Shanghai photo fair focuses on up-and-coming artists, with Asian galleries strongly featured
China’s first dedicated photographic art fair brings works from 50 galleries. Women artists feature heavily and there is a re-imagining of a 1999 show that was closed down by authorities
Work by up-and-coming artists rather than celebrity names is in focus at this year’s Photofairs Shanghai, China’s first dedicated photographic art fair. Now in its fifth year, the show has also given over more space to Asian photographers.
Some 50 galleries from 16 countries are represented at Photofairs Shanghai, which started today and ends on September 23. Art galleries from Shanghai, Beijing and Hong Kong are still well represented, but more galleries from Japan are showing this year, and there is more space devoted to Japanese and South Korean artists, according to Liu Heung-shing, a veteran Chinese photojournalist and founder of the Shanghai Centre of Photography.
“So it’s become more pan-Asian,” he says.
Group fair director Georgia Griffiths says organisers made a conscious effort to boost Japanese involvement in Photofairs Shanghai this year. The show shines a spotlight on Hiroshi Sugimoto’s works, and Japanese exhibitors such as the Taka Ishii Gallery, Art Space AM and Rin Art Association are taking part. New York’s Christine Park gallery is representing a pan-Asian roster of artists.
Hong Kong’s Novalis Gallery is taking part for the first time.
“This is the focus of photography in Asia,” says Novalis’ curator Chiara Caratti. “It’s important for us to understand what collectors like from all over Asia.”
There are more photographs by women artists on show this year. Three of the four photographers s featured at the Novalis booth are women – Margot Errante, Valentina Loffredo and Constanza Gastaldi.
Austrian feminist performance artist Valie Export’s work is included in the Thaddaeus Ropac gallery’s show, and Norwegian woman photographer Anja Niemi is among the artists represented by Photo 12 Galerie.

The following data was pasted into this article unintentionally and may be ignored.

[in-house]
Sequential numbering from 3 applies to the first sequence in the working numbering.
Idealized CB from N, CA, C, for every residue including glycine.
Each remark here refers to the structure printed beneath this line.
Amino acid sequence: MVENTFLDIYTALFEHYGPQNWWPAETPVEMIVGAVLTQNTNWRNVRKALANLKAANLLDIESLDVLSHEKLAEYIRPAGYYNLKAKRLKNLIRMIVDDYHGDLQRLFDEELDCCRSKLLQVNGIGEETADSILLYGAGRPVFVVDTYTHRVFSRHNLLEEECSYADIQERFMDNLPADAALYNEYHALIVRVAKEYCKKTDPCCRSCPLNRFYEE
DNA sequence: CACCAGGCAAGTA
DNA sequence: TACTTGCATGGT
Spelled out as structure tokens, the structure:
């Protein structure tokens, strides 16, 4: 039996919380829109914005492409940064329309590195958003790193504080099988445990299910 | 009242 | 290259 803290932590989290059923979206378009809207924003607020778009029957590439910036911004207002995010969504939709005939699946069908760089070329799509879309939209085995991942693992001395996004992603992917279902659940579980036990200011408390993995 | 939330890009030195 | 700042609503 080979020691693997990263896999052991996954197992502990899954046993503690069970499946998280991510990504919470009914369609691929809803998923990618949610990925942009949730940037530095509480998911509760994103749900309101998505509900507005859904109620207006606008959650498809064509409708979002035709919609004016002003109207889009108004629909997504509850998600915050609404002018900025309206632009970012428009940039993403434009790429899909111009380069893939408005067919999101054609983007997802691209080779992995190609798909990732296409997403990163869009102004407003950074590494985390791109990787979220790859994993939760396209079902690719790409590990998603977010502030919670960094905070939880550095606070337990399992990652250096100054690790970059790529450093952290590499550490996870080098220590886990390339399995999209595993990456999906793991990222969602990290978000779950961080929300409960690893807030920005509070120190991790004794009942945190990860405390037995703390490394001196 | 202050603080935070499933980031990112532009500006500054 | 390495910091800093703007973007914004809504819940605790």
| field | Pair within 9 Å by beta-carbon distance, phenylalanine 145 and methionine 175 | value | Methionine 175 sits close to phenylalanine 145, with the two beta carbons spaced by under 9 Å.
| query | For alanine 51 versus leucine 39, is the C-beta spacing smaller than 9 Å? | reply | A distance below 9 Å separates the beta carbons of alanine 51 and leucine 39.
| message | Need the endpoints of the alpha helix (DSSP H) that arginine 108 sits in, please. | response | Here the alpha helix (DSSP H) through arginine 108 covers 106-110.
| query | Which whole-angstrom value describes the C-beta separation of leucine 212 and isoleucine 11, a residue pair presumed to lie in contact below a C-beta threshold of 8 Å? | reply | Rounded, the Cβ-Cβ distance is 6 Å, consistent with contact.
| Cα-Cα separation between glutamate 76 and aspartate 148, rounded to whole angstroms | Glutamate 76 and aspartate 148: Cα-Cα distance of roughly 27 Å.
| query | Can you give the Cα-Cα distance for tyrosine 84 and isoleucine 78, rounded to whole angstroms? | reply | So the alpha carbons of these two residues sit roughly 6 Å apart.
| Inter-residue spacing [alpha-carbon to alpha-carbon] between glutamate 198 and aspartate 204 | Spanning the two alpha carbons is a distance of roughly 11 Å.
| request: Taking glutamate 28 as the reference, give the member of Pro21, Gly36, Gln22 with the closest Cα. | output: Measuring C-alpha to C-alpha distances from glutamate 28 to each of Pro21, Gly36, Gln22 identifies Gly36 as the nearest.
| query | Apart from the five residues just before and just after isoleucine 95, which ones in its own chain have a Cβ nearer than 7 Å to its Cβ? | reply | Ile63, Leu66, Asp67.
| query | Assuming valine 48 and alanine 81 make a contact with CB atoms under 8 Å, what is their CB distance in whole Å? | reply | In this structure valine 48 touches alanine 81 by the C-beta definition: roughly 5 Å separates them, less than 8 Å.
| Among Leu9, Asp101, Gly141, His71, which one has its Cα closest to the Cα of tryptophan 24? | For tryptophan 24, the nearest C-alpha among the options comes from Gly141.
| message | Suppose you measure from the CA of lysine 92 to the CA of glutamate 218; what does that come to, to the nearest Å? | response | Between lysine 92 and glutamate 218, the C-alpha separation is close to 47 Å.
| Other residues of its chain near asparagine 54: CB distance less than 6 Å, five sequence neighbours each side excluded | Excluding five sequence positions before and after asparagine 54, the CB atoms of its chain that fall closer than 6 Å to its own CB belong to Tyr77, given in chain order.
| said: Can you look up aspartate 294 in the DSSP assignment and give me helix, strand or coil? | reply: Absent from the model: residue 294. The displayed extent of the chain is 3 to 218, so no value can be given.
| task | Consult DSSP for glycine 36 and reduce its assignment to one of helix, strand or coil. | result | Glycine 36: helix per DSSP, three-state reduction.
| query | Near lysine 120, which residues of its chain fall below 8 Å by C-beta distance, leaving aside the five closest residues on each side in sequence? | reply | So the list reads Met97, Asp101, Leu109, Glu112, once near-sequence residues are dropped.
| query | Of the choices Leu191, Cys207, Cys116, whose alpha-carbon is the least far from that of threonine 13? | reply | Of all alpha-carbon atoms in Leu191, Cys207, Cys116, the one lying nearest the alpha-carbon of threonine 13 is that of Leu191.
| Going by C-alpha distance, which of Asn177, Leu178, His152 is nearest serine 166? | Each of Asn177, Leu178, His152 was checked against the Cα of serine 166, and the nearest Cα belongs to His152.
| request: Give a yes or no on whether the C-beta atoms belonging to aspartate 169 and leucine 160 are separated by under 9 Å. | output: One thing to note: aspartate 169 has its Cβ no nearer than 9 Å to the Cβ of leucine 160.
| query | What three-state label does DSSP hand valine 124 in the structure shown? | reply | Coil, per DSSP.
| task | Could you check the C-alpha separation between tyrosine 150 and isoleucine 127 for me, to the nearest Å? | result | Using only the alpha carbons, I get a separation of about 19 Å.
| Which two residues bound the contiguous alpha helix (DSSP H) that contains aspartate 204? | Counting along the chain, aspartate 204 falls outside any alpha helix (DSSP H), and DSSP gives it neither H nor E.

Griffiths says: “To be perfectly honest, in some parts this was intentional and in some parts a happy coincidence. For example, Thaddaeus Ropac were originally only supposed to be bringing Irving Penn and another male master. It then became this idea of balancing this with the likes of Valie Export, who I just love [and who is] already well known in Europe and North America.
“It’s great to give her a platform in Asia – she’s an example of someone we really wanted to champion.”
A highlight of this year’s fair is the re-imagining of a 1999 exhibition, “The Same But Also Changed”. One of the first group shows of contemporary photography in Shanghai, it was abruptly shut down by the government before it could admit members of the public.
Curated by Victor Wang, this exhibition features some of the artists represented in 1999, including Chen Zhe. “I hope to highlight the rich ‘unofficial’ exhibition histories of contemporary art in China, and the role photography and art can play to help illuminate the larger social and cultural landscape of China at that time,” he told the Photofairs Shanghai website.
Elsewhere, Hong Kong-born Taiwanese photographer Stanley Fung showcases his series of white horse bones.
“My work has evolved a little. I’m still using quite the same method, natural light and similar subjects, people, still life objects [but] I approached [these from] more of a sculptural angle,” he says of the meditative images.
China’s art photography market is young but collectors are on a steep learning curve. Where previously they would choose works by the likes of Patrick Demarchelier and Herb Ritts, “now there’s this new confidence where people are buying more experimental and conceptual [works],” says Griffiths.
She says Chinese collectors are also showing more interest in Chinese artists’ work, pointing to the success of Chen Wei and the artist known as Birdhead.
Photofairs Shanghai, Shanghai Exhibition Centre, 1000 Yanan Road, near Tongren Road, Friday 6-9pm, Saturday and Sunday 11am-6pm.